Review: ‘First Man’ Is a Giant Leap for Director Damien Chazelle

By Noveck, Jocelyn | Tribune-Review/Pittsburgh Tribune-Review, October 11, 2018 | Go to article overview

Review: ‘First Man’ Is a Giant Leap for Director Damien Chazelle


Noveck, Jocelyn, Tribune-Review/Pittsburgh Tribune-Review


Nearly a half-century has passed since the majestic moment when Neil Armstrong stepped carefully onto the lunar landscape, left foot first, taking that giant leap for mankind.

Whether you were alive then and glued to the TV, or relived it later through that iconic, grainy NASA footage, what you probably remember is just that: The majesty.

You're probably not thinking much about the deafening noise, the claustrophobia, the terror of blasting off in a rickety sardine can that could fail at any moment for any of a thousand reasons.

Or the fact that Armstrong and Buzz Aldrin could have ended up stranded, left to die on the moon. President Richard Nixon had a speech ready for that dark scenario.

You will, though, be thinking of these things as you watch "First Man," the latest installment in director Damien Chazelle's meteoric career -- and sorry for the space pun, but it's entirely apt.

Intimate yet grand

An intimate character study that somehow becomes grand just when it needs to, "First Man," based on the book by James R. Hansen with a script by Josh Singer, is a worthy successor not only to Chazelle's "Whiplash" and "La La Land," but to the astronaut films that precede it, like "Apollo 13" and especially "The Right Stuff."

It's also, amazingly, the first feature film about Armstrong. Chazelle's partner here is Ryan Gosling, who dials down his obvious star wattage to give an internalized, fully committed performance as the "reluctant hero," as Armstrong's own family described him.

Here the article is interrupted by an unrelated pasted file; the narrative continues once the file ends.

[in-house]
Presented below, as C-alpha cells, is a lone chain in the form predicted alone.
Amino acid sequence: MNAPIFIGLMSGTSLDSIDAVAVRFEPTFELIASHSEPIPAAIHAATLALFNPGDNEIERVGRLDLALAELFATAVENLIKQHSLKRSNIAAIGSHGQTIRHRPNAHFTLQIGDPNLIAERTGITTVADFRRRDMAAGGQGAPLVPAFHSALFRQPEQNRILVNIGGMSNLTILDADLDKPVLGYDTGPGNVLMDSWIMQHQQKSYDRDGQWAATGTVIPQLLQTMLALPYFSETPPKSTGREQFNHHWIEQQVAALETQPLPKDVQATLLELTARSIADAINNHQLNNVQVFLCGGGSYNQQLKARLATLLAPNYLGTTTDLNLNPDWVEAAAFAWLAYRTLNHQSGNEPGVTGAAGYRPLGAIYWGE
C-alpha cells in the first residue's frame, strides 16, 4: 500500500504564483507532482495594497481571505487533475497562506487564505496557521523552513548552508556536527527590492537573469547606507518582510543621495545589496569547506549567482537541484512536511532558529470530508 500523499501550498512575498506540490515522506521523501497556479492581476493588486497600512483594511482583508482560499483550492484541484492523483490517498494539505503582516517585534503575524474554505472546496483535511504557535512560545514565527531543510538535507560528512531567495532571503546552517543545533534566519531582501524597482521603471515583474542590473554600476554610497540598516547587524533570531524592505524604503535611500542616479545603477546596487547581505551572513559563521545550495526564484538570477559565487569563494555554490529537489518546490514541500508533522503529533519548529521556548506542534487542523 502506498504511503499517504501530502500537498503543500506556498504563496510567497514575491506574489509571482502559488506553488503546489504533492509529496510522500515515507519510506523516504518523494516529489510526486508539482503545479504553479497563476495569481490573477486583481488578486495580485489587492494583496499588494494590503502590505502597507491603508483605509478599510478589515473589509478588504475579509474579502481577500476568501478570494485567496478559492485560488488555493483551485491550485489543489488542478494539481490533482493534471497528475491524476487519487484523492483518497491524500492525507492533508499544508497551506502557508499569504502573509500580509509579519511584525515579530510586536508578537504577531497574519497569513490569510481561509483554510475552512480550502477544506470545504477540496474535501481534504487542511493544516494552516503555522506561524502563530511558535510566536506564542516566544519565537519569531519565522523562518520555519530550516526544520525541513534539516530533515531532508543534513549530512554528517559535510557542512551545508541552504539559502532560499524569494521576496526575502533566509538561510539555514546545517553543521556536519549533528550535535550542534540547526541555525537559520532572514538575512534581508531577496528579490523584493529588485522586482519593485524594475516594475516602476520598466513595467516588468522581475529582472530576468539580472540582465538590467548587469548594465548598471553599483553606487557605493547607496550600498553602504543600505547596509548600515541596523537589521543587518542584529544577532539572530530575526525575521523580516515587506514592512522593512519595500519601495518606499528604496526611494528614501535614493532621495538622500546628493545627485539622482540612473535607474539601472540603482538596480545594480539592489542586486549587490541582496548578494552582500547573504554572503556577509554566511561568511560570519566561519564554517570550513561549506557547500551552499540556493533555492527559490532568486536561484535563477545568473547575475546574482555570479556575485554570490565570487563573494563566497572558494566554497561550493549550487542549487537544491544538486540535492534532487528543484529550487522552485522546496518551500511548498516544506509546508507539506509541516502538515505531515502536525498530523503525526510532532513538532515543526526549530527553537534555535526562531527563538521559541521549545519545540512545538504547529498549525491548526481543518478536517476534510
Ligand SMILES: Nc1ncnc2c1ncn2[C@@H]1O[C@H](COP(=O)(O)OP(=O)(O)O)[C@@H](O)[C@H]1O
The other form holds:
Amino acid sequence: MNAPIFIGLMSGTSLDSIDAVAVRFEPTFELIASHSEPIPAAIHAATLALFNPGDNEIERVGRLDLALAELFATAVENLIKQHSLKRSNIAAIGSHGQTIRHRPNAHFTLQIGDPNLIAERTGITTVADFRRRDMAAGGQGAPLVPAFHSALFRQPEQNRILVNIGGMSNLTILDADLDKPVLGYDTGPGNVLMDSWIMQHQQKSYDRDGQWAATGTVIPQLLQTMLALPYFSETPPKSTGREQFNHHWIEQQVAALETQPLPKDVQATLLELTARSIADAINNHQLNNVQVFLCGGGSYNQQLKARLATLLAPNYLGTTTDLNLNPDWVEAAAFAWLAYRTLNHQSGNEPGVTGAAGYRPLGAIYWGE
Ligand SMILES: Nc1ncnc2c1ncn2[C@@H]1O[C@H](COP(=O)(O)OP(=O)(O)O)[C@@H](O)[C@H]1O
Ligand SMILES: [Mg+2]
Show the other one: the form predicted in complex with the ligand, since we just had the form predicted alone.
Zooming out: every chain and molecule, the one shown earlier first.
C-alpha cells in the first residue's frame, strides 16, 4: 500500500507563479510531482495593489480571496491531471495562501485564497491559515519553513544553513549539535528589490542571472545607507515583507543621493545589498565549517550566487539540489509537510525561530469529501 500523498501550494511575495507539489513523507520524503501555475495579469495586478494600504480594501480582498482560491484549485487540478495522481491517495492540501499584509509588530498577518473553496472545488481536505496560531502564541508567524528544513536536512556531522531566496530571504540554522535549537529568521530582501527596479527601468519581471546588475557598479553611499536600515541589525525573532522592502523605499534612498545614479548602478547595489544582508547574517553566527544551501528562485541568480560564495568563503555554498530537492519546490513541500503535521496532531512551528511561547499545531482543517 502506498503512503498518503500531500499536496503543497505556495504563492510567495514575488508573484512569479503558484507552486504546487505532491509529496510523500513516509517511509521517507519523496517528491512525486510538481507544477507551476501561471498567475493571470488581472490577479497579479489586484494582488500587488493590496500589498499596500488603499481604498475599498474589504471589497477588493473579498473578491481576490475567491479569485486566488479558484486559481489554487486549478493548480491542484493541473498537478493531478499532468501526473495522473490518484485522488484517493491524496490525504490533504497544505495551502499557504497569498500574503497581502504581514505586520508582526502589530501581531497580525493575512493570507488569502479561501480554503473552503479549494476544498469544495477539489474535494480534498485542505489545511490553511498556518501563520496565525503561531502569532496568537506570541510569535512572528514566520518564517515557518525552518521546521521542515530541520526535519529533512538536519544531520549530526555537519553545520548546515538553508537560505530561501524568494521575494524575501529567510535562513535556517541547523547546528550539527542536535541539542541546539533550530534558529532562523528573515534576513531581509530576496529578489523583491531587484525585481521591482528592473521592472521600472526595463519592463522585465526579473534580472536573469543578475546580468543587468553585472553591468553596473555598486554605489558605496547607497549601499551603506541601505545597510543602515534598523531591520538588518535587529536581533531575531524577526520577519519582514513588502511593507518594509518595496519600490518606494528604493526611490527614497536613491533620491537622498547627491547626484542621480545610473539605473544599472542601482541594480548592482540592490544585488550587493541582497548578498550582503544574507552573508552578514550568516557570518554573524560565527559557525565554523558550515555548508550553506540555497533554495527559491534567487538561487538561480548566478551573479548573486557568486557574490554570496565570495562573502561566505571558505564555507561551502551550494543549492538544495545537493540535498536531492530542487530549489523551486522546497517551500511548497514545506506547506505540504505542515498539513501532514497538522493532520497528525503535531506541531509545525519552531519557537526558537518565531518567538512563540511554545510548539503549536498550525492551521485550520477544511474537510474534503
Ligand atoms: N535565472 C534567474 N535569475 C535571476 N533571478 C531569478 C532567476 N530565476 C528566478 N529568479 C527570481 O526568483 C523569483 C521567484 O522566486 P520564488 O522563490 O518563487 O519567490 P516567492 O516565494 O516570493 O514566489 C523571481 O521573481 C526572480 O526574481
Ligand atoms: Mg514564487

Gosling's task here is not merely to give dimension to a mythical American hero. He also has to play a man who famously kept his emotions in check. That may not be an asset for a movie character, but sure was an asset for the first human to set foot on another world.

And that's because this stuff was, well, terrifying

We begin in 1961, during Armstrong's test pilot days. Taking a hypersonic X-15 up for a spin, he's suddenly in trouble; he can't get back down.

"Neil, you're bouncing off the atmosphere," comes the rather concerned voice from below.

He makes it back, though, barely breaking a sweat. As for us, we're irretrievably rattled.

From heavens to home

From the heavens we go to a small home office, where Armstrong is on the phone, trying to find help for his toddler daughter, ill with cancer.

His grief over her fate will remain a theme of the film until the end. But it remains unspoken, even to his stoic wife, Janet, played here with subtlety and grit by the wonderful Claire Foy.

Seeking a fresh start, Armstrong becomes an astronaut in NASA's Gemini program. …

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